Home Depot Connects Opioid Addiction To Thievery Uptick

Executives at Home Depot said opioid addiction in the U.S. might be part of the reason for a recent escalation of thefts in its stores, Bloomberg reported on Wednesday (Dec. 11). 

An organized band of thieves are swiping merchandise totaling millions and stowing the goods in warehouses, the company said. The thefts — which retailers call shrink — will result in lower operating profit margins in 2020, Home Depot executives told analysts and investors during a meeting.

“This is happening everywhere in retail,” Craig Menear, chief executive officer said. “We think this ties to the opioid crisis, but we’re not positive about that.”

Home Depot’s claim is among the first times a big U.S. retailer has explicitly pointed to the opioid crisis as a reason its finances were off. Shrink costs retailers about $51 billion each year, according to a report from the National Retail Federation (NRF). The report indicated that over 65 percent of retailers in the past year saw a surge in “organized retail crime activity.”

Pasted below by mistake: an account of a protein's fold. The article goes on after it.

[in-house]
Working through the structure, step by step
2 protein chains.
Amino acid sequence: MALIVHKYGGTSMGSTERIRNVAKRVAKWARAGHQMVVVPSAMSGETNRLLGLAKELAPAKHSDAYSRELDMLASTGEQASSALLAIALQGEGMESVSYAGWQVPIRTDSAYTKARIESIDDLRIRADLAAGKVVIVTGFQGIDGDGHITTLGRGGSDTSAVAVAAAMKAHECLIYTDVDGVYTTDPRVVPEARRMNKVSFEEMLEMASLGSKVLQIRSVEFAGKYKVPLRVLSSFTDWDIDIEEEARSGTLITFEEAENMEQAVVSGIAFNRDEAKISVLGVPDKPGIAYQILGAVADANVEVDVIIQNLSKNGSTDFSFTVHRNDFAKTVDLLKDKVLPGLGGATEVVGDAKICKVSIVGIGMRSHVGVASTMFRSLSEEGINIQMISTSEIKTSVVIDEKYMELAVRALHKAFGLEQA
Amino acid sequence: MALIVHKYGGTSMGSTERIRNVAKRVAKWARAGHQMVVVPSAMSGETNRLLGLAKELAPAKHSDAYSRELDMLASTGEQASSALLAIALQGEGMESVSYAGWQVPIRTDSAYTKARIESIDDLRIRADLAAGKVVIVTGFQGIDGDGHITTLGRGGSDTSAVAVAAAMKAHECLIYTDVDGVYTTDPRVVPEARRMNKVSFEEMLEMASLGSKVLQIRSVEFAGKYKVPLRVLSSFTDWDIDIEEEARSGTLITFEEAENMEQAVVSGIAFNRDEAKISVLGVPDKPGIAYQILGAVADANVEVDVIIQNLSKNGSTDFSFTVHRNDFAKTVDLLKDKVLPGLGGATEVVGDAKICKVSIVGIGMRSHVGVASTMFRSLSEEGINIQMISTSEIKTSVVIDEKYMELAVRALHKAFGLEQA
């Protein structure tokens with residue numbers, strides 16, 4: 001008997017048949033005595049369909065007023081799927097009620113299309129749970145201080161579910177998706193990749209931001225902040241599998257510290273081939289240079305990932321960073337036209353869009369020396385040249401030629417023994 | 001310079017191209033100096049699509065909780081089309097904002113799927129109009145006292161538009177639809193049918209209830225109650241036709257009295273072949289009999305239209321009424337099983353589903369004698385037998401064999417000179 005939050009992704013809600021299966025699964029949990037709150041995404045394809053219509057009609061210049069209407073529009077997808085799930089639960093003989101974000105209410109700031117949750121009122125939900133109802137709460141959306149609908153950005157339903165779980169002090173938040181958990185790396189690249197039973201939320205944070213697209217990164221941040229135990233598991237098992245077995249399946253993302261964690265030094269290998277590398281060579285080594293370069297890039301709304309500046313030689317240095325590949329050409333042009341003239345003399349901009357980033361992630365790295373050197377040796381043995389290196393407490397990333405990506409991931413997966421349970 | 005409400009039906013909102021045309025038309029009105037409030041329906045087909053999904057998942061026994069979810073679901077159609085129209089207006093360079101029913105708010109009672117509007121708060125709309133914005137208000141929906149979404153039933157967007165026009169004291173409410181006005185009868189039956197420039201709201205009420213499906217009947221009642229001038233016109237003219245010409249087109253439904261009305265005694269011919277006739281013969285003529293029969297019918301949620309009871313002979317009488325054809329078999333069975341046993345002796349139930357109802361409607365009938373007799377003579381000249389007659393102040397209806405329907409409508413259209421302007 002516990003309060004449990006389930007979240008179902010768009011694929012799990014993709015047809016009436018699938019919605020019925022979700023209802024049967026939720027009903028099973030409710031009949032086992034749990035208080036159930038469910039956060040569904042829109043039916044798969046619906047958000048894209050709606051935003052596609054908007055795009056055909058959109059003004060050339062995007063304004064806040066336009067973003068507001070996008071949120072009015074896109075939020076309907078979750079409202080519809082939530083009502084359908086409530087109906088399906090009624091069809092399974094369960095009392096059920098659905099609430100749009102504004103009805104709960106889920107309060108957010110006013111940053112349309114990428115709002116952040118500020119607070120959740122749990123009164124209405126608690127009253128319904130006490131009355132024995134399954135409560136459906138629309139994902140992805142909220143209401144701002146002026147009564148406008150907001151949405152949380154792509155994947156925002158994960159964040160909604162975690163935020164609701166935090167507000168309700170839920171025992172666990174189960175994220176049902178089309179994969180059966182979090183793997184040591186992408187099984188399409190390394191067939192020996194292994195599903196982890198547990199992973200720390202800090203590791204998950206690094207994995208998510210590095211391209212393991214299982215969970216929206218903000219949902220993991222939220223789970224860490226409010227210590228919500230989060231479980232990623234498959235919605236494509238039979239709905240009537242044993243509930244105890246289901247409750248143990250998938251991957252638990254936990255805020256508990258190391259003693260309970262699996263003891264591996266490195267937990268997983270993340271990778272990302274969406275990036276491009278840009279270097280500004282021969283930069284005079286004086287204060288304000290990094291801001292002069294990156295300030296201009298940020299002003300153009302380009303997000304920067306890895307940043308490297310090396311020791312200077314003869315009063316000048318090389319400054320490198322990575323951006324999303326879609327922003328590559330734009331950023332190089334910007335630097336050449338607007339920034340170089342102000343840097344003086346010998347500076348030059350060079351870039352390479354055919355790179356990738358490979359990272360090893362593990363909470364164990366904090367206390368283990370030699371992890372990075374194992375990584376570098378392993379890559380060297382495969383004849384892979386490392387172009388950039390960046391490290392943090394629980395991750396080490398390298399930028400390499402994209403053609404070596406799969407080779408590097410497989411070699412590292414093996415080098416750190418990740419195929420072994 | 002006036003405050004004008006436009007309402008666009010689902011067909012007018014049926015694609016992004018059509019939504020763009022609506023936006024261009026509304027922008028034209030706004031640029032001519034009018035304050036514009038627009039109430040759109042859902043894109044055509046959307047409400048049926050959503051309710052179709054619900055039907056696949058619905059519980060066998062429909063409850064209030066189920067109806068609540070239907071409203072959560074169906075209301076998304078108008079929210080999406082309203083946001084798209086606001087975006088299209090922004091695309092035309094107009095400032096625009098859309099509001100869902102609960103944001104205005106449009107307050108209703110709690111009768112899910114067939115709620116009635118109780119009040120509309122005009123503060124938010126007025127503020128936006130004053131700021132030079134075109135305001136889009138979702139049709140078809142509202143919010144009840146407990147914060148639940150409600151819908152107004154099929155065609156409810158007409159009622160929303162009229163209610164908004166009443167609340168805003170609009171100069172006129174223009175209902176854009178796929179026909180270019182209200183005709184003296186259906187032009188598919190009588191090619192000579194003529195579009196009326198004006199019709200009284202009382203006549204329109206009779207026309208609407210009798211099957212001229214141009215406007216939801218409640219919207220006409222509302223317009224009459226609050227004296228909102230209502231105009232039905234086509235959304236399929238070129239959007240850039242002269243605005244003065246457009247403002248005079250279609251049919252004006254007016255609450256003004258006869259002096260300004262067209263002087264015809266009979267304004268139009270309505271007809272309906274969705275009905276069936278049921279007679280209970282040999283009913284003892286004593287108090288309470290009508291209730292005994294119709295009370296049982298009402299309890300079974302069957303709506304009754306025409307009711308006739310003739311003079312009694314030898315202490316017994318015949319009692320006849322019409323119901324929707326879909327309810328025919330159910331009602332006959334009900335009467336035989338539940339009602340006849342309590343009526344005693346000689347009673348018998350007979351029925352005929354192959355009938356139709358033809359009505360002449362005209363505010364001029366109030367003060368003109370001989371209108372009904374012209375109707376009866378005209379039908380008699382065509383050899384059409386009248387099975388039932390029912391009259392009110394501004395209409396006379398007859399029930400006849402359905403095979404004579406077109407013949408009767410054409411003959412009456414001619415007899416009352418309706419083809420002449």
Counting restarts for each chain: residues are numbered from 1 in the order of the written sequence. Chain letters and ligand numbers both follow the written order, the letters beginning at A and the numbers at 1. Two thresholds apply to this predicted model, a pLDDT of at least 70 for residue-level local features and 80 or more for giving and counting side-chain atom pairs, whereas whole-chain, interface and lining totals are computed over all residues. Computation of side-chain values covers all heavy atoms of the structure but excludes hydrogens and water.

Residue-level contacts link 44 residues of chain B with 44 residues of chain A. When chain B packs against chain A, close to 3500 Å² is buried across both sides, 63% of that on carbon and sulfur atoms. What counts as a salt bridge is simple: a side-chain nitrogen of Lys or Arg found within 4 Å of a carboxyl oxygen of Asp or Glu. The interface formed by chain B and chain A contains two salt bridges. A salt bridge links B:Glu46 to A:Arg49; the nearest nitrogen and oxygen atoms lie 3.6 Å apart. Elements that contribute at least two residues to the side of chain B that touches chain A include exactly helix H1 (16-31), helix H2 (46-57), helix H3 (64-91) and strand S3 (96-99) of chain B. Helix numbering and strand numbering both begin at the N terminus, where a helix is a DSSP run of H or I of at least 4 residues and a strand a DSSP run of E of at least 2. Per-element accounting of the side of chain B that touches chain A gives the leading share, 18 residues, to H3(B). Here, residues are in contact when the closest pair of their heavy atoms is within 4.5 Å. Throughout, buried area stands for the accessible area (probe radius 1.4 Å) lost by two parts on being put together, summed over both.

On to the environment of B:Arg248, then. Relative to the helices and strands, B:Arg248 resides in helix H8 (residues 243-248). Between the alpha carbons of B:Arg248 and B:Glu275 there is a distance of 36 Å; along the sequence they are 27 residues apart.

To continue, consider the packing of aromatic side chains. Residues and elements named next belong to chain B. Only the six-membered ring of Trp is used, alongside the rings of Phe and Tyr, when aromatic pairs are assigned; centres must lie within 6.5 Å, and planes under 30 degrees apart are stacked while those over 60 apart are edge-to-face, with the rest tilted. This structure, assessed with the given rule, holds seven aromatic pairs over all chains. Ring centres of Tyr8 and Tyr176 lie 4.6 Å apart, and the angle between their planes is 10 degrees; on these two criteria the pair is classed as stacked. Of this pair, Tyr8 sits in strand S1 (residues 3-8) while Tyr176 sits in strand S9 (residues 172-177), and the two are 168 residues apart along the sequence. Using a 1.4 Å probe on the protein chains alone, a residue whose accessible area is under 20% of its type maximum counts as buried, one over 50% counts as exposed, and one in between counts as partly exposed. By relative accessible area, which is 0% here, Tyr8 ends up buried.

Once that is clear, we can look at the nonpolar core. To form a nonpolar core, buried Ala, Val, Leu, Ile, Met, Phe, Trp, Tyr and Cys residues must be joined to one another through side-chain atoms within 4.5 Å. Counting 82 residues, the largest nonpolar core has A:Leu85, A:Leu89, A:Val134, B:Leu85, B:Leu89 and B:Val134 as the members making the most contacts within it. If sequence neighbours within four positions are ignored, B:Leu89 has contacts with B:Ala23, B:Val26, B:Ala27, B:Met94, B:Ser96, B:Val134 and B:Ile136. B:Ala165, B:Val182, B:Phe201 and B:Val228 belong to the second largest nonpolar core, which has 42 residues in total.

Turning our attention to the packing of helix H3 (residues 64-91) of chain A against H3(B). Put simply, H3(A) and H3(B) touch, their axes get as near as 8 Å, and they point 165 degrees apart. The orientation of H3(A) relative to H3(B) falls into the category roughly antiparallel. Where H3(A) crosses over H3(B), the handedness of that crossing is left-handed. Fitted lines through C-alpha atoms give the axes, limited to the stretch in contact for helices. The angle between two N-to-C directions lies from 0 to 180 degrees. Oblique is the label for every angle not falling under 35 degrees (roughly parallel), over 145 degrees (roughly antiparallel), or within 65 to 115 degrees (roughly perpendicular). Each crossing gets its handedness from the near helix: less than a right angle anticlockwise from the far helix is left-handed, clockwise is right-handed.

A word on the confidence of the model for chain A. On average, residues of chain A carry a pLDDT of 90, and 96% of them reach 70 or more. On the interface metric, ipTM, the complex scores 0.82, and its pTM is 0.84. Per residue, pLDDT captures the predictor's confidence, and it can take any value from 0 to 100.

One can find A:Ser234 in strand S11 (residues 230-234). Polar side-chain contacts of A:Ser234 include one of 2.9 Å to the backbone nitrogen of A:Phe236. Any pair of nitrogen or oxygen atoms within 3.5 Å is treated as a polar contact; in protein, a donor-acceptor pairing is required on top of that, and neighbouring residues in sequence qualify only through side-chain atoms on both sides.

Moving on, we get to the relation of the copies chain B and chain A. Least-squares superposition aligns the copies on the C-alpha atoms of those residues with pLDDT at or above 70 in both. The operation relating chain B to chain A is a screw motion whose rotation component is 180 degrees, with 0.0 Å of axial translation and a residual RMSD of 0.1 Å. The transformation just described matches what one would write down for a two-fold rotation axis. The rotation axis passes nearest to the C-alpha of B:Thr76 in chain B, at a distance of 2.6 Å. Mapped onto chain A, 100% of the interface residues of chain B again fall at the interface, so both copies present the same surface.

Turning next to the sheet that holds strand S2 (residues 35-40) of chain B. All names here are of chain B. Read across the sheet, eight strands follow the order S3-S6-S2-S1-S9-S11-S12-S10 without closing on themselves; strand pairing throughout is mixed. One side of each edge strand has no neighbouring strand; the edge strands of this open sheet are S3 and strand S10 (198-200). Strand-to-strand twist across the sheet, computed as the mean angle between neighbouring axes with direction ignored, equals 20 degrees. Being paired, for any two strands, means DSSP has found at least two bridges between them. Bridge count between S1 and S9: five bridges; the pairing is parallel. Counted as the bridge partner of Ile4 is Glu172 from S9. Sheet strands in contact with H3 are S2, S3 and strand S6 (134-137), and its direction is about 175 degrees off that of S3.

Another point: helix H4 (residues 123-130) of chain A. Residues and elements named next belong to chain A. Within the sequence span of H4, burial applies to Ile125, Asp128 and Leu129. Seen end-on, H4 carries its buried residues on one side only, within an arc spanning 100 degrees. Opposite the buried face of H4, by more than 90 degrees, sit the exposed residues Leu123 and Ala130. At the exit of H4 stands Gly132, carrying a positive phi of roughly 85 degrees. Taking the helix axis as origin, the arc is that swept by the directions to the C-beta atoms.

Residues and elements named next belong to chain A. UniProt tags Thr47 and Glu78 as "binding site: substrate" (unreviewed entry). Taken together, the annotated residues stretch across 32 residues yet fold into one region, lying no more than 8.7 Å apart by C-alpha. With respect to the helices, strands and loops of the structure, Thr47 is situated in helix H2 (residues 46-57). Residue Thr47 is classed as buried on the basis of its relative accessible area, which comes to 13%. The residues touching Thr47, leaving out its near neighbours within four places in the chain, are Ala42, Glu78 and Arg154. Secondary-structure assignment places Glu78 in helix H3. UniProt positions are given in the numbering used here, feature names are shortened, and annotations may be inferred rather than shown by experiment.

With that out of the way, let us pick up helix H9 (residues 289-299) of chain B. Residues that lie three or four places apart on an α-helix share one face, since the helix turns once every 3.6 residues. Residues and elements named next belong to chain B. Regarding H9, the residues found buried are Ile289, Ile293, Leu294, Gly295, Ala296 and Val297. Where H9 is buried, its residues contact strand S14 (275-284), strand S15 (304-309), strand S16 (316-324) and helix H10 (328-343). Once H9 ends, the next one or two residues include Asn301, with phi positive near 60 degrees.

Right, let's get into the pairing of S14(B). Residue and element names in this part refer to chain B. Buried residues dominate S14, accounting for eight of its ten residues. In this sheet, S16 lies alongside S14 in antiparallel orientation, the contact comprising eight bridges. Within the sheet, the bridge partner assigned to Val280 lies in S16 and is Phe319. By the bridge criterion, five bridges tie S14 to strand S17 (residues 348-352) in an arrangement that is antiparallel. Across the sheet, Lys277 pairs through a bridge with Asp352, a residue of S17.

“Organized retail crime continues to present a serious challenge to the retail industry,” Bob Moraca, vice president of loss prevention at NRF, said in a statement.

The habit-forming characteristics of opioids, combined with quicker ways to unload stolen merchandise, have likely led to grittier thieves that can get around retailers’ security systems.

Thieves in Rochester, New York, for example, had $16.5 million in merchandise on them when they were apprehended; $1.4 million was from Home Depot, executives said on the call with Bloomberg. The Atlanta-based retailer responded by implementing technology using machine learning to foresee where criminals would go next. The company also installed tech that caused power tools to fail unless they were routed through Home Depot’s point-of-sale system.

“We have to be vigilant about it,” Ann-Marie Campbell, Home Depot’s executive vice president of U.S. stores, said. “We have initiated several pilots to reduce shrink across the board.”

According to a study, theft accounts for 4 percent of inventory among retailers with self-checkout, more than double the rate for traditional checkout (1.5 percent).

In a separate study about shoplifting, 72 percent of offenders said self-checkout made theft easy to very easy.